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Going Green: Personal Care to Home Care Products

The green trend in the personal care industry is permeating to the home care & cleaning products industry. Ecovia Intelligence sees a number of important initiatives introduced by home care brands and ingredient firms this year.



Most developments are occurring in green packaging. Growing consumer awareness of plastic pollution is leading personal care and home care brands to experiment with new packaging materials. In June 2017, P&G was the first to use ‘beach plastic’ in its Head & Shoulders shampoo packaging; the recycled beach plastic was then utilised in its Fairy liquid bottles. Henkel, Unilever, Ecover and SC Johnson have all since started using beach plastic in product packaging.

“Sustainabiltiy is not about a denial…trying to make people feel guilty for their consumption is a losing strategy. The way forward is a sustainable lifestyle whereby we (consumers) pay more attention to the environmental impact of our products and services”

A number of personal care and home care brands have partnered with TerraCycle to launch the Loop platform. The circular shopping platform aims to make single-use packaging a thing of the past. Personal care and home care products, as well as food products, are delivered to consumer households and the waste packaging collected so it can be re-used. Loop has been launched in the US and France this year, and will be introduced in the UK and Canada.


Green Ingredient Options


As shown at the Sustainable Cleaning Products Summit, green ingredients are gaining currency in detergents and home care products. The personal care industry is already using an array of natural and sustainable materials in product formulations. Detergent and home care companies are looking at renewable feedstock to make green surfactants. Sustainable palm oil and coconut oil have been used for many years, however new sources are emerging. Croda recently launched its ECO range of bio-based surfactants. The surfactants are made from biomass and certified according to the USDA BioPreferred program.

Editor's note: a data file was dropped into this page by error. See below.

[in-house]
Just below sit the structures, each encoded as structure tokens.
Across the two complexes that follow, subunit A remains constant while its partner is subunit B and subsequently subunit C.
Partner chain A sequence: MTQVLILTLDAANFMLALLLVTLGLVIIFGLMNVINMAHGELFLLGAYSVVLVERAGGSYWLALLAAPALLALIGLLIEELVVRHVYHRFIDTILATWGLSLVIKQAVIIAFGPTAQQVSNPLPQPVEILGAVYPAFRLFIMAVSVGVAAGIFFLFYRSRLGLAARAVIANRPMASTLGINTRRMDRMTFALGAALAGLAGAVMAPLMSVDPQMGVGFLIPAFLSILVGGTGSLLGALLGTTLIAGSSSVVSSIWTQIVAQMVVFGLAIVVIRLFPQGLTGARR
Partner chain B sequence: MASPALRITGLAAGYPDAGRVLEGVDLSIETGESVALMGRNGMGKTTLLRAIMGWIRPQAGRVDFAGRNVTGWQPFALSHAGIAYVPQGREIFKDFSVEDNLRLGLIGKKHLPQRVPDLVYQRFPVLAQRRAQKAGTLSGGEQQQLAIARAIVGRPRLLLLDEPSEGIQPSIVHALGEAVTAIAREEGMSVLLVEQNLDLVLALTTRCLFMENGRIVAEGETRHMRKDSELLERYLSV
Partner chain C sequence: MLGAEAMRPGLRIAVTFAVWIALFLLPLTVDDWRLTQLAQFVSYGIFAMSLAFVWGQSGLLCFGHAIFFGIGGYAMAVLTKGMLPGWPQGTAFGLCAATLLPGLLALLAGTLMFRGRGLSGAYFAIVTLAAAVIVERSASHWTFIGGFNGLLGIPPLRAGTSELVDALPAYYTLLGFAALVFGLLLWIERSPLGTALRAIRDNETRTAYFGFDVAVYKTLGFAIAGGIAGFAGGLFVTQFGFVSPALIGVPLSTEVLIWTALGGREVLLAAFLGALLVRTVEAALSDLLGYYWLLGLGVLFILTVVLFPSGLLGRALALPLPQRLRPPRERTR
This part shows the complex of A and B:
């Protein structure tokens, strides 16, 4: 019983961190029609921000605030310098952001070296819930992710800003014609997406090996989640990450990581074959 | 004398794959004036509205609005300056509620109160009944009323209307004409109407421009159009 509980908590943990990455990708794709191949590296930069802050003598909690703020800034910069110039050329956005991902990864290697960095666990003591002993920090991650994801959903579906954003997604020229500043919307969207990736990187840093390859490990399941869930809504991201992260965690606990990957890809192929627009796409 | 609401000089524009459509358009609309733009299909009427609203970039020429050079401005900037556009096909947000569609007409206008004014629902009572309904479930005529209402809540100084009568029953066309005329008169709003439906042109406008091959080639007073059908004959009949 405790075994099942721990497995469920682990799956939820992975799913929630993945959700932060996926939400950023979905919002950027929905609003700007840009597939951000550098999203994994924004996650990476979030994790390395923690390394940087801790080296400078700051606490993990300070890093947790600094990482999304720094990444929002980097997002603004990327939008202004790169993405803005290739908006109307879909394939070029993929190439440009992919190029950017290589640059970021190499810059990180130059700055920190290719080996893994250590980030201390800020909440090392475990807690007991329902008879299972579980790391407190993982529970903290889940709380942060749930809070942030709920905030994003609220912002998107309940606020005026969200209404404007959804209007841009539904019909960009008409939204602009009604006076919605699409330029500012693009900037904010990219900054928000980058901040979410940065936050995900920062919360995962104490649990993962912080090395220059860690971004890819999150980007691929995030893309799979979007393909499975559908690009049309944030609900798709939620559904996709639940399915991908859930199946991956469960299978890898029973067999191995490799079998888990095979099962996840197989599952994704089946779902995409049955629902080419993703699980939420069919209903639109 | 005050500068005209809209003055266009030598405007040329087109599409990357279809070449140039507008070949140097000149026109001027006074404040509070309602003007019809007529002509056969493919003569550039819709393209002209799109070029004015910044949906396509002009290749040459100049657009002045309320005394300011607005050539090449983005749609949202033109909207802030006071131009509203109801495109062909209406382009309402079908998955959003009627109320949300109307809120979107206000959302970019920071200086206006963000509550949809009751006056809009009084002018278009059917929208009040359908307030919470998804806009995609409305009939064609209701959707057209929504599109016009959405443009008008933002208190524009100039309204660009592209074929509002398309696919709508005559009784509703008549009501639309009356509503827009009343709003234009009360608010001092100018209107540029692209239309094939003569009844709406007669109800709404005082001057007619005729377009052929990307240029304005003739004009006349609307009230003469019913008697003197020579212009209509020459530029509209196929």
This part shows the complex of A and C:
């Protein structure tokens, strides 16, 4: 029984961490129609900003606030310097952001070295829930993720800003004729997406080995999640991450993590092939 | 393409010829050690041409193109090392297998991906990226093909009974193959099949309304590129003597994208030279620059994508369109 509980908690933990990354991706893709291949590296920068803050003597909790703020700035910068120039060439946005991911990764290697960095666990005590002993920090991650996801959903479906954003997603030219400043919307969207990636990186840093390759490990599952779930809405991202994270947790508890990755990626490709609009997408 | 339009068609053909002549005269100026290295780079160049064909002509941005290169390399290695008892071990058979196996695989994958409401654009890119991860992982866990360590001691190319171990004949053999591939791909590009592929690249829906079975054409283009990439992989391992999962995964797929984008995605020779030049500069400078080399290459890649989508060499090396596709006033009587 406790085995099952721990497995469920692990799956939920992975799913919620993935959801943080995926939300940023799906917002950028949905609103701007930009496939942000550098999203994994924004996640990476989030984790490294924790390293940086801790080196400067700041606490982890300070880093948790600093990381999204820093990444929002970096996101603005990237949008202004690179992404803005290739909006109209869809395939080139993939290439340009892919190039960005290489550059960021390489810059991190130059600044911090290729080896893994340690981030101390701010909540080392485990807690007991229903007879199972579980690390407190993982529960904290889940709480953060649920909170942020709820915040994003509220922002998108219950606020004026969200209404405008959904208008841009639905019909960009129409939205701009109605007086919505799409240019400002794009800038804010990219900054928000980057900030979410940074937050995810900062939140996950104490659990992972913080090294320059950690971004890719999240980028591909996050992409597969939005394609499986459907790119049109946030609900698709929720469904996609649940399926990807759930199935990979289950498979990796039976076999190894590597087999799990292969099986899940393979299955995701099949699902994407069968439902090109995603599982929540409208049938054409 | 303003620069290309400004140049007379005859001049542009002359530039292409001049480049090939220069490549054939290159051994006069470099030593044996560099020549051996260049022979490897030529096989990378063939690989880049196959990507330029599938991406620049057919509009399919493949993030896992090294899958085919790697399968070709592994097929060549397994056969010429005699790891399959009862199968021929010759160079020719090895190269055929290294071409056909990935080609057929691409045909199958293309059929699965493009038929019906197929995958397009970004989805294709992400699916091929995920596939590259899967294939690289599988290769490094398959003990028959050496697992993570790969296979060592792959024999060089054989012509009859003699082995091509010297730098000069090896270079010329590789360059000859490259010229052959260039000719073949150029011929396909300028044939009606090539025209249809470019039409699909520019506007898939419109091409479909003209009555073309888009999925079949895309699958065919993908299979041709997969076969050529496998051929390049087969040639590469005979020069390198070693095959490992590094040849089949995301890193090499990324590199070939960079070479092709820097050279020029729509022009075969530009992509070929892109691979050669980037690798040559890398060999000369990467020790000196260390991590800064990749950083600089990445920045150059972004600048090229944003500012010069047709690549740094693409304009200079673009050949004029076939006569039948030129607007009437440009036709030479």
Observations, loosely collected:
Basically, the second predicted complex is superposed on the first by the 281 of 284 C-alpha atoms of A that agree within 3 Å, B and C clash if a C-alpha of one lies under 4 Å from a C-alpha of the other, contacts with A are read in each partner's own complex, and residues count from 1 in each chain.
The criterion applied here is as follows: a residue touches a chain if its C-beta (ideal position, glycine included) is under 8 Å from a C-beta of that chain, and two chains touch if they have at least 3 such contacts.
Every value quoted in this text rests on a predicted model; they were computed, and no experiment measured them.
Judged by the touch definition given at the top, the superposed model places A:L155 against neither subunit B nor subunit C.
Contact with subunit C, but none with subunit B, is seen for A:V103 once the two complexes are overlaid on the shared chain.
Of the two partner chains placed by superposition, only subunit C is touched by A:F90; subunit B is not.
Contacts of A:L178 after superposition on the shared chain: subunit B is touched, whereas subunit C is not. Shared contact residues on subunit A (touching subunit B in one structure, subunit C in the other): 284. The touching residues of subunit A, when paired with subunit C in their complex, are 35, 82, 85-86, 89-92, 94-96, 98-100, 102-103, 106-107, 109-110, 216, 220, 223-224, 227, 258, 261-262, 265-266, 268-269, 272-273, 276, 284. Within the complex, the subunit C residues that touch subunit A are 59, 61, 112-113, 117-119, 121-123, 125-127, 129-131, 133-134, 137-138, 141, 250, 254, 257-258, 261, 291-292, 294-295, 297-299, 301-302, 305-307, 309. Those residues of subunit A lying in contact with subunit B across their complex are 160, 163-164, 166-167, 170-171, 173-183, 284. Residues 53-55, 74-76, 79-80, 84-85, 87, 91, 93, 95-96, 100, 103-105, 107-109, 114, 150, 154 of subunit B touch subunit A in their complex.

Many rosehip oils go through a process of being refined, something that Marie warns people to avoid. “If a product has been refined, it goes rancid very quickly. When you refine something, you’re actually adding more heat to it – and heat destroys many of the valuable antioxidants which are keeping the oil from going off.” She adds, “Most rosehip oils are light with a yellow to a clear colour – this means the product has been refined. We don’t refine our oils and you can see the difference in the colour. Kosmea’s Rosehip Oil has a red tinge. You can see the difference, smell the difference, and most importantly, when you put it on the skin, you can feel the difference because it absorbs into the skin and leaves a matte finish.”


Ethical labelling trend


The number of ethical labelling schemes for home care products is also rising. Natural standards like Ecocert and NPA are highly established, as are environmentally-friendly schemes like Green Seal and Nordic Swan. A new development is that new labels are being introduced to represent products not containing contentious ingredients. In 2018, the Environmental Working Group extended its EWG Certified label to home care products. The Made Safe label has also recently been extended to home care products.


Emerging green brand


Large consumer good companies are responding by developing greener lines. Last month, SC Johnson expanded its line of concentrated cleaning products. P&G has been a pioneer with its laundry detergents for cold water washes. Unilever has gone further by launching a dedicated brand of green home care products. The Love, Home and Planet was introduced a few months ago; the range of laundry, dish and surface cleaning products are made using plant-based ingredients and packaged in recycled plastic.


Ecovia Intelligence believes the green trend will continue to permeate the home care industry, influencing raw materials, formulations, packaging, as well as marketing of finished products. The question is whether brands should ‘green’ existing home care product lines, or start again and develop dedicated sustainable brands.


About our contributor


Amarjit Sahota is the founder and president of Ecovia Intelligence (formerly Organic Monitor), a London-based specialist research, consulting & training firm that specialises on global sustainable product industries. His company organises the Sustainable Foods Summit, Sustainable Cosmetics Summit, and Sustainable Cleaning Products Summit in the major geographic regions of the world.


Mr. Sahota has degrees in Applied Chemistry and Management Science, as well as a Postgraduate Diploma in Marketing.He has co-authored a number of books on sustainability and organic products. His latest publication is called Sustainability: Greening of the Cosmetics Industry (Wiley & Sons).





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